This world needs more leaders and fighters who can work through a disability, not fewer.


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Every coach has weaknesses. Some don’t recruit well; some don’t develop players. The successful coaches overcome these things and even turn them into positives. Kill has implemented a plan whereby the coaches, players and even the fans know what to do on these occasions. No one was surprised, no one panicked, and the Gophers went on and played well in the second half. This is true leadership — to know you can’t do everything, and to train and trust others to do their jobs. It is barely even newsworthy at this point, and that is why U athletic director Norwood Teague saw no reason to address it.


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A good sportswriter could become a pied piper, a magnet for attention and money. That’s how it’s supposed to work. But on Sunday, the Star Tribune Sports section, and by extension the entire paper, became the subject of pity and ridicule. Jim Souhan suffered more hair loss, and the editor chose to pretend that nothing was wrong. How can a newspaper continue to employ a writer who keeps losing his hair?

Of course, I have no idea how hair loss relates to sports writing, and I am sympathetic — although I have a full head of hair. But I am offended.

JEFF MOSES, Minneapolis

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Two other references in paper were off-key

While I was absolutely delighted to read “Nonprofit brings wilderness to everyone” (Neal St. Anthony column, Sept. 16), I was dismayed in one respect — the use of the phrase “wheelchair-bound” to describe Jim Frey. It was especially ironic to see this phrase juxtaposed with an anecdote that clearly demonstrated how unbound Mr. Frey can be from his method of locomotion. I’d encourage editors to adopt a more active phrase in describing people who use wheelchairs. Perhaps something like “now uses a wheelchair?” Or “relies on a wheelchair?”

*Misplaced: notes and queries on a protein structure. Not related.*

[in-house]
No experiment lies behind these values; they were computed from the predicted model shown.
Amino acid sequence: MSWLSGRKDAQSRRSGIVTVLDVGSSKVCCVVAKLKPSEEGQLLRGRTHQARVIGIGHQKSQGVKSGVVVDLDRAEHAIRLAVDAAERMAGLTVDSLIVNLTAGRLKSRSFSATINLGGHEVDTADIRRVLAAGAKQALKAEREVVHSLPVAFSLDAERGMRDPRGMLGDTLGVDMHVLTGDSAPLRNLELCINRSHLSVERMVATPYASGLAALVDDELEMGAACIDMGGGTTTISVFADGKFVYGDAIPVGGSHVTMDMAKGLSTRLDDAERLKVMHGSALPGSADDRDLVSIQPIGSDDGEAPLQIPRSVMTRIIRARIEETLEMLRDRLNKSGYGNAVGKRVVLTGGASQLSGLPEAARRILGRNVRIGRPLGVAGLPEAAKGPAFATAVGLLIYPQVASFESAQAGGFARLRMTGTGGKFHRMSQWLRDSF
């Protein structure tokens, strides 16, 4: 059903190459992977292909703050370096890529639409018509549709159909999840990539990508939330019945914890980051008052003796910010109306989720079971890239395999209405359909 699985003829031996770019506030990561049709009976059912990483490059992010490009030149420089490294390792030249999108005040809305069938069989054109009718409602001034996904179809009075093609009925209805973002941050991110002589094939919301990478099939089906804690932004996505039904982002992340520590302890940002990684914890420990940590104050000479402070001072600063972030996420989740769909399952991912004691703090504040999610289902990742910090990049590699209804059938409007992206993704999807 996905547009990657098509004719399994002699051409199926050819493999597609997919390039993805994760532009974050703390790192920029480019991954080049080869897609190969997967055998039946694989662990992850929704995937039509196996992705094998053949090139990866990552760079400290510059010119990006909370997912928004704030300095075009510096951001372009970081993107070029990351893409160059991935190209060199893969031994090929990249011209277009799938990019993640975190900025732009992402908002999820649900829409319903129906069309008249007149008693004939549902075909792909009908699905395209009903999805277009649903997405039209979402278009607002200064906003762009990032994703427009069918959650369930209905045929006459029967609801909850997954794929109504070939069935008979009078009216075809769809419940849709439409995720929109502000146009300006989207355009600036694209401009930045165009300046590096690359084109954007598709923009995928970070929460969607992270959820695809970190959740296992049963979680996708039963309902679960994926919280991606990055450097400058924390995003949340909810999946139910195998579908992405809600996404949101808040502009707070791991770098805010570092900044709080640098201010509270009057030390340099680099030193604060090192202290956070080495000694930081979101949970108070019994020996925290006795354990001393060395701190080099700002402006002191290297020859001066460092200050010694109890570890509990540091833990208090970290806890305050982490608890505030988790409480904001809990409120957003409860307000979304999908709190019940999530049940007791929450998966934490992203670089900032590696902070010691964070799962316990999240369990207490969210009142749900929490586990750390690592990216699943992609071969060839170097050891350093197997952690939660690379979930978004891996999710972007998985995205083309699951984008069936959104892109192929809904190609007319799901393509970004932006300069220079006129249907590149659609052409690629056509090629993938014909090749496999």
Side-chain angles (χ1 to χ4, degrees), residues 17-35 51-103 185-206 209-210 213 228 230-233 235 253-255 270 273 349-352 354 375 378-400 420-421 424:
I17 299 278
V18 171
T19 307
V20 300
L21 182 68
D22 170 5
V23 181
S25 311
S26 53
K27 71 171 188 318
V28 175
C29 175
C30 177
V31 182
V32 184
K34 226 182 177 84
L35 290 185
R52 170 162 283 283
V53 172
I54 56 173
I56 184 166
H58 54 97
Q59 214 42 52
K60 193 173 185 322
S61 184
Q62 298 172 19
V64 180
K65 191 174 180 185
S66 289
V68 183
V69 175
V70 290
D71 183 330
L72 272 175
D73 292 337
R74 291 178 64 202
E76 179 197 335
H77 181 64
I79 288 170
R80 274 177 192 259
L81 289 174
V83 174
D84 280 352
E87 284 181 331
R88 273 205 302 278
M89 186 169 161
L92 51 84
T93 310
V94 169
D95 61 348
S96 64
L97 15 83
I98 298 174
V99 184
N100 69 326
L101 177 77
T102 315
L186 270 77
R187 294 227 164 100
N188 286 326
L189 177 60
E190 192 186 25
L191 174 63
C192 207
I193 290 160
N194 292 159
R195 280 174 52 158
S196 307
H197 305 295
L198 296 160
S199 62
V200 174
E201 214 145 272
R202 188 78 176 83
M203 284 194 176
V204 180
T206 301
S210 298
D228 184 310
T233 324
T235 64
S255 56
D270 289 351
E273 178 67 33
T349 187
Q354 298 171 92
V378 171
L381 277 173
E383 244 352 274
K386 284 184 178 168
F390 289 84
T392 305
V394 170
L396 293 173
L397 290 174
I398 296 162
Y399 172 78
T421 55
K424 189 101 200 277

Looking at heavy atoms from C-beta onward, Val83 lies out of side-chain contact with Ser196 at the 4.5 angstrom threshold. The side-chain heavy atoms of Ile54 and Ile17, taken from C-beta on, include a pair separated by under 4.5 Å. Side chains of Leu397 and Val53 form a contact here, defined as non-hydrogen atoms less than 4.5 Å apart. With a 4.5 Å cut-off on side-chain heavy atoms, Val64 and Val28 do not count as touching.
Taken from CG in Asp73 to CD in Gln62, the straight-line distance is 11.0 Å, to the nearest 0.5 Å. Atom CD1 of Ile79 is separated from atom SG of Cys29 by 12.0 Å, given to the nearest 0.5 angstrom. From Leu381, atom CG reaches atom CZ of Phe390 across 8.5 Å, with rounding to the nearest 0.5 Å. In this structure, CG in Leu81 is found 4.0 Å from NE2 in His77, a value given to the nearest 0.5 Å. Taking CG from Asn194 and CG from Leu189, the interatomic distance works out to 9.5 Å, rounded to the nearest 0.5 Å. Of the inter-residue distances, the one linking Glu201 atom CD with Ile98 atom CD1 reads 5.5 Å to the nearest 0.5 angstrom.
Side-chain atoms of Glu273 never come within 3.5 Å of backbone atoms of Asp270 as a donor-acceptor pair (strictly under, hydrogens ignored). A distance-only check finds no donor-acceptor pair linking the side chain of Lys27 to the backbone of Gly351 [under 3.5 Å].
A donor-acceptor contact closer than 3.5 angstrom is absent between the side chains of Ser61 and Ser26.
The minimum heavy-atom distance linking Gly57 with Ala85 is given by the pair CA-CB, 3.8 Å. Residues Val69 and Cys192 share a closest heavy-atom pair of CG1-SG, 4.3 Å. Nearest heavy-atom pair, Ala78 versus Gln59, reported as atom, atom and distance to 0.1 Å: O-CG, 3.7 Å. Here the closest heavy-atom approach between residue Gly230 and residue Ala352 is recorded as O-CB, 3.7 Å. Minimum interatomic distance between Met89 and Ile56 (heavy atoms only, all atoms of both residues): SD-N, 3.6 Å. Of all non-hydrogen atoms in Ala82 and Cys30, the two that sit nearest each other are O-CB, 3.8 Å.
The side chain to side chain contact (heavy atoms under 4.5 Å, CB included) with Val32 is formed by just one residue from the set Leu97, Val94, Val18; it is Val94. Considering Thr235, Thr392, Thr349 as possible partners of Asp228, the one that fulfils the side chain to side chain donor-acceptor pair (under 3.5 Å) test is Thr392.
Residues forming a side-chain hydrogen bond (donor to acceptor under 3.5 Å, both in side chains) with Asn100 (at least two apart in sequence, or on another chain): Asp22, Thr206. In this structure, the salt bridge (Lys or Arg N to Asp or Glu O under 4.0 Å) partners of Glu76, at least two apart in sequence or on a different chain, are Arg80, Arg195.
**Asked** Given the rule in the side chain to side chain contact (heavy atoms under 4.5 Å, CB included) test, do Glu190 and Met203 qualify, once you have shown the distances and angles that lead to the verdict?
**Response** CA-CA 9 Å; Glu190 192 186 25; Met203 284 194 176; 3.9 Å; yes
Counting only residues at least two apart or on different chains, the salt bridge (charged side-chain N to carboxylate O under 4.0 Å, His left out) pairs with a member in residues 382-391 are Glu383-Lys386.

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As I was reading the editorial “Nicollet Mall: A truly public space?” (Sept. 16), I stopped short at the sentence: “Starched-collared corporate types strolled shoulder to shoulder with welfare mothers and their screaming babies.” If you don’t know why I was appalled by that sentence, then you don’t deserve to run a newspaper.


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Six modest proposals for Nicollet Mall’s screaming welfare babies:

1) Harness wind power from welfare babies’ screams to operate trolleys.

2) Post welfare babies along the skyway system to guide visitors by their screams.

3) Use screaming welfare babies as fountain statuary (like in Europe, only real).

4) Train welfare babies to scream a signal as each bus approaches.

5) Call off Holidazzle parades whenever welfare babies stop screaming due to extreme cold.

6) Apply modern branding techniques to our more worthy public investments: Screaming Welfare Babies Field at People’s E-Pulltab Stadium.

CHRIS STELLER, Minneapolis